1. The most basic and easiest situation: a student requests a modification to their studies and they know what they want and what they are entitled to, supported by a functional diagnosis. Students may request a modification only if they possess a document referred to as a “functional diagnosis assessment” or simply a “functional diagnosis” (FD) – full title of the document: “Expert Assessment of a Student of Charles University with Special Needs”, which is on the Charles University letterhead form and is signed by both the student and the author of the FD (one of the special education experts at CU). For the majority of students, we send their FDs to their instructors at the beginning of each semester. However, some students prefer to contact their instructors themselves, or for various reasons, our list of their instructors may not be complete, in which case the students must provide their functional diagnoses themselves. In addition, students must be registered in the “Student” database as a student with special needs, and everyone with a FD should have this status. Instructors cannot verify this status in the SIS (it is sensitive data). Should there be any uncertainties, you can contact the student affairs office or contact us directly at
  2. If a student requests modifications to their exams, etc. and does not provide a functional diagnosis, please contact us. If they are properly registered and the FD is available (we will confirm this and send it to you), then everything is fine and the student is entitled to modifications. In the opposite case (i.e. the student does not have an FD and submits other documents, such as a medical report, etc.), then they are not entitled to modifications. In this case, please refer the student to us so that we can resolve the situation.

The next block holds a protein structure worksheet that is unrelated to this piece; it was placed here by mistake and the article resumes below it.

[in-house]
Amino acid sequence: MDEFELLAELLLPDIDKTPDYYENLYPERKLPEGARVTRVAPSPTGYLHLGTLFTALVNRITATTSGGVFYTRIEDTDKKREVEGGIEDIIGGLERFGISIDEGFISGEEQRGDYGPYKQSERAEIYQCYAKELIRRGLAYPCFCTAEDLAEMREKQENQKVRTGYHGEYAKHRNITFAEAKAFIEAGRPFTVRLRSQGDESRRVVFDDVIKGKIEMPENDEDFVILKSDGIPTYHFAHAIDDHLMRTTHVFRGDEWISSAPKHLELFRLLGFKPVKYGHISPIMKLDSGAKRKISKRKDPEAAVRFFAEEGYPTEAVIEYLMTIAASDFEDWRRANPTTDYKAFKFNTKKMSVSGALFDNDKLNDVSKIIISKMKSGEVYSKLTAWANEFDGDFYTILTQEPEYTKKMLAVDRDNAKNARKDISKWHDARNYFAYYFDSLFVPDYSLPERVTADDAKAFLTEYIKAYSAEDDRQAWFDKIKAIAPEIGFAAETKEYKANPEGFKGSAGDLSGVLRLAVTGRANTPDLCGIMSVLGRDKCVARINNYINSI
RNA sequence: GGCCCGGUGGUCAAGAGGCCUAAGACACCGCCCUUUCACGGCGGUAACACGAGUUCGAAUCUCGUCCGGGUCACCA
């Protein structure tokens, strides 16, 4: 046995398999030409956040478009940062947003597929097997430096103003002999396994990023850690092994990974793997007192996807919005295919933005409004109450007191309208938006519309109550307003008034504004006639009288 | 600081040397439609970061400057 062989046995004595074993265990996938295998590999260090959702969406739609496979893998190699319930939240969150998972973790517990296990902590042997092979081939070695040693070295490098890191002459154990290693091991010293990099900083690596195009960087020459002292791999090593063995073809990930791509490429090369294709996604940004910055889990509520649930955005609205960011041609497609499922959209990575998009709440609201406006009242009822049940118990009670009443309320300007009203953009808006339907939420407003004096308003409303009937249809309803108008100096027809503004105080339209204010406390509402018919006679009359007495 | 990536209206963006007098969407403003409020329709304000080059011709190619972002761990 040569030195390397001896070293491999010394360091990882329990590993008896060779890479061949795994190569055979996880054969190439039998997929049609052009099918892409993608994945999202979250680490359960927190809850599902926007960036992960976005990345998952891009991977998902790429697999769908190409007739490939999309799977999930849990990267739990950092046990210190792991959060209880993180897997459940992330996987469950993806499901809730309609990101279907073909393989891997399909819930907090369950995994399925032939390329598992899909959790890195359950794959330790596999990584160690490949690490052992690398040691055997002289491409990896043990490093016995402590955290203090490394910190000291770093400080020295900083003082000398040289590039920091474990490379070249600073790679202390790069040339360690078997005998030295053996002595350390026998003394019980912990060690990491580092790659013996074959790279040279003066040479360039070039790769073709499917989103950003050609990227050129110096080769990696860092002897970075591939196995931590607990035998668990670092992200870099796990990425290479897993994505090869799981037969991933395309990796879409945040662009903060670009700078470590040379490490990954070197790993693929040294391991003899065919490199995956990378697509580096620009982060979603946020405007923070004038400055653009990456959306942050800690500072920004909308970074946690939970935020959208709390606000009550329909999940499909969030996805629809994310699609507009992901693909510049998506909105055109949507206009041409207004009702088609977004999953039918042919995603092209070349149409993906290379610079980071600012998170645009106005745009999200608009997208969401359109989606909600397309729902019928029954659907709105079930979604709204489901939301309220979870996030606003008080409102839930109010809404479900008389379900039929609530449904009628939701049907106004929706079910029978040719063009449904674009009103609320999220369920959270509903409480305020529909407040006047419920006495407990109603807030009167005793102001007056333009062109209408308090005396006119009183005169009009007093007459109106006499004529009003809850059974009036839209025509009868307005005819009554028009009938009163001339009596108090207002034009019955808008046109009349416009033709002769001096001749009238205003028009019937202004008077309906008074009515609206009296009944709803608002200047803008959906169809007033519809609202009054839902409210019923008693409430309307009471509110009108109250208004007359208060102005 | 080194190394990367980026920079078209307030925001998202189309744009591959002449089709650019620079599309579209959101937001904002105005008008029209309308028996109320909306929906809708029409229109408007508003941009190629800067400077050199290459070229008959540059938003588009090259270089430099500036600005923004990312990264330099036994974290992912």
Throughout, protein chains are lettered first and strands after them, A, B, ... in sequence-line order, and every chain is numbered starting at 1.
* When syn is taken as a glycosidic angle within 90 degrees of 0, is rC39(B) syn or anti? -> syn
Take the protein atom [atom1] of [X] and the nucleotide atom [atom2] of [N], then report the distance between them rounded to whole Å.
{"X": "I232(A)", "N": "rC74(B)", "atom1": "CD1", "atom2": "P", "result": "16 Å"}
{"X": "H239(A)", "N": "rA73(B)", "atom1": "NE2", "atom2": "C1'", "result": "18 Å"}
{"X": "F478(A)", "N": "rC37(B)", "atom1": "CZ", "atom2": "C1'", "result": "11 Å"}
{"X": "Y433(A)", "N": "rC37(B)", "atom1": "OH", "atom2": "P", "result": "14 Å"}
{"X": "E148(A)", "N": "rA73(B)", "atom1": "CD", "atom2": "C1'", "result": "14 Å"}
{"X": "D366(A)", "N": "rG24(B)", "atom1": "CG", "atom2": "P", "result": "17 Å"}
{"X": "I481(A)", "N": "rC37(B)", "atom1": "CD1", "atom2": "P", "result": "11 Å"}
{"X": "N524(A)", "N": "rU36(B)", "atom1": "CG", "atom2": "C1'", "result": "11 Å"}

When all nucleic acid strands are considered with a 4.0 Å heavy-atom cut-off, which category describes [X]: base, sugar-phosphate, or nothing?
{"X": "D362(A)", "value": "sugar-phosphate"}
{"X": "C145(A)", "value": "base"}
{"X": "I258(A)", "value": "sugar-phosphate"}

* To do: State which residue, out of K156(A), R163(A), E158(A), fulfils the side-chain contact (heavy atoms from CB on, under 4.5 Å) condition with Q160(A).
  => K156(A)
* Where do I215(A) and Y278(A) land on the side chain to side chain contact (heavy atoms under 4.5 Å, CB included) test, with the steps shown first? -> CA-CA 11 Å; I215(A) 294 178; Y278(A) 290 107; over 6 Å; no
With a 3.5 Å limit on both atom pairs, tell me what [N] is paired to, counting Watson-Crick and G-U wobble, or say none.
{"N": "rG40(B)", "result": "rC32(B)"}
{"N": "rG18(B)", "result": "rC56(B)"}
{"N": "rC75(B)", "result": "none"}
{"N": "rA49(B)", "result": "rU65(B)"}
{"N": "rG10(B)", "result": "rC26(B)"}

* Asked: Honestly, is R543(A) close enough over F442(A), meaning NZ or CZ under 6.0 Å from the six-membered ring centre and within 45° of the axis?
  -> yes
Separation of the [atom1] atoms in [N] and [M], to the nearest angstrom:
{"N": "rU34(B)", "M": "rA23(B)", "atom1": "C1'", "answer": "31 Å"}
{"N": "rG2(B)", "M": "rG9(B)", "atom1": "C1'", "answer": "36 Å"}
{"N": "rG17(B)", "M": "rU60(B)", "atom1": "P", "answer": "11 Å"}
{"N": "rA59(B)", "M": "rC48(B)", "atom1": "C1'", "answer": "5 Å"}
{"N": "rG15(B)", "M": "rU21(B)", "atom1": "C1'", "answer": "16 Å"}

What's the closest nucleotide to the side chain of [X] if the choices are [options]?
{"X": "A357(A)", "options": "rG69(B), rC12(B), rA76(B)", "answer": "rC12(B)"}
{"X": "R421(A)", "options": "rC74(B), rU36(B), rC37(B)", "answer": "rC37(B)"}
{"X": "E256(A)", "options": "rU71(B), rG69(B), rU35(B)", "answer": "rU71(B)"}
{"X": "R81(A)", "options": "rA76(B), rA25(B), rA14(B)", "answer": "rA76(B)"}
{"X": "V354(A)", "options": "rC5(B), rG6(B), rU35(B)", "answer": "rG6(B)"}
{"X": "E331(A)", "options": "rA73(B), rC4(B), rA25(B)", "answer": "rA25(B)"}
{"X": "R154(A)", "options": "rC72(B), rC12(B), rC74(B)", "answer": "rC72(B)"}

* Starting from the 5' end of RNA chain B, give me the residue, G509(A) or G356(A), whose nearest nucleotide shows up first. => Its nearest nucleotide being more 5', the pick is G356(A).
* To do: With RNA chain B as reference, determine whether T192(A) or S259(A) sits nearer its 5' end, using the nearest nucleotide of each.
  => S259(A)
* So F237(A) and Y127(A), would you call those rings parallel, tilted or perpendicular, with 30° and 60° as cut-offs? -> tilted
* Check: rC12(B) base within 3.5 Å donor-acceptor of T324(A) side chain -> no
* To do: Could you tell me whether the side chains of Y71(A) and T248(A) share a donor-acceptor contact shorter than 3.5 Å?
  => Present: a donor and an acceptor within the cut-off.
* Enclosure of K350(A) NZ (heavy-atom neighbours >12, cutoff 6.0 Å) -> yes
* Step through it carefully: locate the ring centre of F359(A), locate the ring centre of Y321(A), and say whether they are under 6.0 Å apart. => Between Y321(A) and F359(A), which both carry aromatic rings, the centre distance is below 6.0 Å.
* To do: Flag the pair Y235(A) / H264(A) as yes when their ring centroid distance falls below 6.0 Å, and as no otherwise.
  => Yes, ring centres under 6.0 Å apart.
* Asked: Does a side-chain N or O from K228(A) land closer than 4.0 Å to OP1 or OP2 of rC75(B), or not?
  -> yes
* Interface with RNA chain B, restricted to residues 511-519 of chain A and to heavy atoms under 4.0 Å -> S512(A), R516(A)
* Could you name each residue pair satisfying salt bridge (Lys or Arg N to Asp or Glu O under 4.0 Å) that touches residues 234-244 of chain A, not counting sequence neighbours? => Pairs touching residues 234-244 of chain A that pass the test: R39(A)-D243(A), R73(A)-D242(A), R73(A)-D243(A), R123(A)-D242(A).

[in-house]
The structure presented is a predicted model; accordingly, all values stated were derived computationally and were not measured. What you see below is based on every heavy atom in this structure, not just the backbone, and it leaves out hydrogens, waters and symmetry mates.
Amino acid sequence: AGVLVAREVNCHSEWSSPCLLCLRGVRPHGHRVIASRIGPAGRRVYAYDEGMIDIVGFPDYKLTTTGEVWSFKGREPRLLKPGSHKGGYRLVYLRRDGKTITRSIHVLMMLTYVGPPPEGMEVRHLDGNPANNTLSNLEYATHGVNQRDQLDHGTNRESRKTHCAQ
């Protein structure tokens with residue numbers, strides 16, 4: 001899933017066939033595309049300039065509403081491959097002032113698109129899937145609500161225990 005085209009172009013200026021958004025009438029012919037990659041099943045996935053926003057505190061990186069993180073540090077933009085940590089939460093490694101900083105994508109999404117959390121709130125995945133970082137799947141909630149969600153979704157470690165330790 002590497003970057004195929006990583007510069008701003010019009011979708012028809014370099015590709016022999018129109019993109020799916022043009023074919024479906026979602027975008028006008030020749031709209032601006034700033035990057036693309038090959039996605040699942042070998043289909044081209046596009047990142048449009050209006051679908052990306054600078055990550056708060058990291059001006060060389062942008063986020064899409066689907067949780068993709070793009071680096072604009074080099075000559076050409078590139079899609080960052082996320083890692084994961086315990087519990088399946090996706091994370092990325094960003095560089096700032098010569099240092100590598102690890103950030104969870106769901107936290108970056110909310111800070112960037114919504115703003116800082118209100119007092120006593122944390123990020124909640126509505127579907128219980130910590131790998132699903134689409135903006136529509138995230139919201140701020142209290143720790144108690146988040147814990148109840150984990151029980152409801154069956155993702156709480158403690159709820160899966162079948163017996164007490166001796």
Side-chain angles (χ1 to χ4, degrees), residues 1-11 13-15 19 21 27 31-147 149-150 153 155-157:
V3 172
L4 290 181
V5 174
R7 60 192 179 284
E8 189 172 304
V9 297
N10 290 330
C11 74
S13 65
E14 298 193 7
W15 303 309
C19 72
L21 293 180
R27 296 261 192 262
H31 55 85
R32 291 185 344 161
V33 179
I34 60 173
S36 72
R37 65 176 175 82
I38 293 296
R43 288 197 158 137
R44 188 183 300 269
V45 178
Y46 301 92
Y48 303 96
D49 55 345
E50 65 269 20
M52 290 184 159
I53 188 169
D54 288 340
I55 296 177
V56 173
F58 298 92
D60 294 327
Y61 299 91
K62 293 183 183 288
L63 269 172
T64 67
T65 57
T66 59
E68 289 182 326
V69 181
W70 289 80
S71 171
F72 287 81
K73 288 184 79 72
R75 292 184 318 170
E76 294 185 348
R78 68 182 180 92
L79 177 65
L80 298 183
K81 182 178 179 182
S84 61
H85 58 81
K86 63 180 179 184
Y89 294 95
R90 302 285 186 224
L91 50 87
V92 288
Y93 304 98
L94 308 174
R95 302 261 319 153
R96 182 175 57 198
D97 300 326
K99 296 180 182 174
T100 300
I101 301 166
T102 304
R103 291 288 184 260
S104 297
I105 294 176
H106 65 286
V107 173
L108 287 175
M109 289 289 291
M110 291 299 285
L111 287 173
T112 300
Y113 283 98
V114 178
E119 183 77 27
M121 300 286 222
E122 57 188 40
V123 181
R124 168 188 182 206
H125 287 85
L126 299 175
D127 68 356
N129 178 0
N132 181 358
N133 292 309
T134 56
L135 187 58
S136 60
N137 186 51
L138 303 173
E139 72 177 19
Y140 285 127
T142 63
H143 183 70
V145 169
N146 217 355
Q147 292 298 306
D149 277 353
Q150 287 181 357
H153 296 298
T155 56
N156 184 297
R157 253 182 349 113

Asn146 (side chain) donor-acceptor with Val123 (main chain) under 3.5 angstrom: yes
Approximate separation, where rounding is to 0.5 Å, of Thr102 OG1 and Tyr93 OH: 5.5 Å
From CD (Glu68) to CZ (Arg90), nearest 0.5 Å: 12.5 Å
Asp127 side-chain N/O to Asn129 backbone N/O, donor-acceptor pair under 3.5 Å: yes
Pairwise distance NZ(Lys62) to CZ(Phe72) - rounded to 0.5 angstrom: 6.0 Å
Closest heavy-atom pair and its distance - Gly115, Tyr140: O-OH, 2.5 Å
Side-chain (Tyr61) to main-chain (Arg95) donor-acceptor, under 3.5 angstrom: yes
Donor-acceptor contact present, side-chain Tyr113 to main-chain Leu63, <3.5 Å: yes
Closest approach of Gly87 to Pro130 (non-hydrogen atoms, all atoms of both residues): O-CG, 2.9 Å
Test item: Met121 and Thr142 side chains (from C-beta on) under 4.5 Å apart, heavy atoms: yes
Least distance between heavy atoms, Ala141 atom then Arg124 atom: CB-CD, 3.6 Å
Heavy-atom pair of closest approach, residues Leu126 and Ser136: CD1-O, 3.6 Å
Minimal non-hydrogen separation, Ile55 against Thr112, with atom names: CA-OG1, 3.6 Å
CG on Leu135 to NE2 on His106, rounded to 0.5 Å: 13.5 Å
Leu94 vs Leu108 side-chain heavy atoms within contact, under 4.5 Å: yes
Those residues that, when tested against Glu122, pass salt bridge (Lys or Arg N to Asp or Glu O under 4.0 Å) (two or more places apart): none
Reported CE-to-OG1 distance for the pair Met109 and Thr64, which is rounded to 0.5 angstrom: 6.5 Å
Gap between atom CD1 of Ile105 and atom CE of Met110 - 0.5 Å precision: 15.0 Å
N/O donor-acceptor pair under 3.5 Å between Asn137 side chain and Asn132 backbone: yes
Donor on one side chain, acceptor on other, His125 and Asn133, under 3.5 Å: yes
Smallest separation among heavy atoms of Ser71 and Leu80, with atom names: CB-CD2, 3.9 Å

3. There may be a situation where you observe that the student is behaving in an unusual manner (they seem depressed, neurotic, they have extremely poor written communication, you have the feeling that they have problems with sight/hearing, etc.), but they do not request any help, they try to manage everything by themselves, and they do not realize that they are not capable of this. This may be a manifestation of some difficulties that the student does not yet realize themselves. In this case, please try to talk to the student in a sensitive manner and either send them to us or recommend one of the psychological support services for CU students. Such situations are quite common today. A student’s medical condition (whether somatic or psychological) is not related to their intelligence, and for some psychological problems, it is often a temporary issue that can be managed thanks to appropriate care, and the student can return to their studies. They may also show signs of dyslexia, dysgraphia, and the like, but they try to manage the situation without modifications. This is often due to a fear of stigmatization, inadequate response to this situation by the family, etc. Hence, students find it difficult to cope with the demands of their studies (in the case of dyslexia or dysgraphia, this is often the case when studying foreign languages) and may have difficulties that lead to dropping out of school. In such cases, your intervention will help the student – by sending them to us or to some professional service.

Counselling services for CU employees

The CU Academic Counselling Centre (at the Faculty of Education) provides the same services to all CU employees as CU students free of charge. These services include in particular:

  • Psychological counselling (for psychological problems, especially work-related – burn-out syndrome, personal or relationship problems, etc., including the teacher-student relationship),
  • Personal counselling, resolving difficult life situations,
  • Logopaedic counselling (if you need to improve your verbal expression),
  • Counselling relating to a health disability or limitation,
  • Etc.

If you are in need of any of these services, do not hesitate to contact the employees of the Academic Counselling Centre. We are also here for you – university employees. Like anyone else, you may be facing a difficult life situation that you do not know how to deal with, personal or relationship problems, and, as is common in professions that work with people, burn-out syndrome.


Charles University, Faculty of Mathematics and Physics
Ke Karlovu 3, 121 16 Praha 2, Czech Republic
VAT ID: CZ00216208

HR Award at Charles University

4EU+ Alliance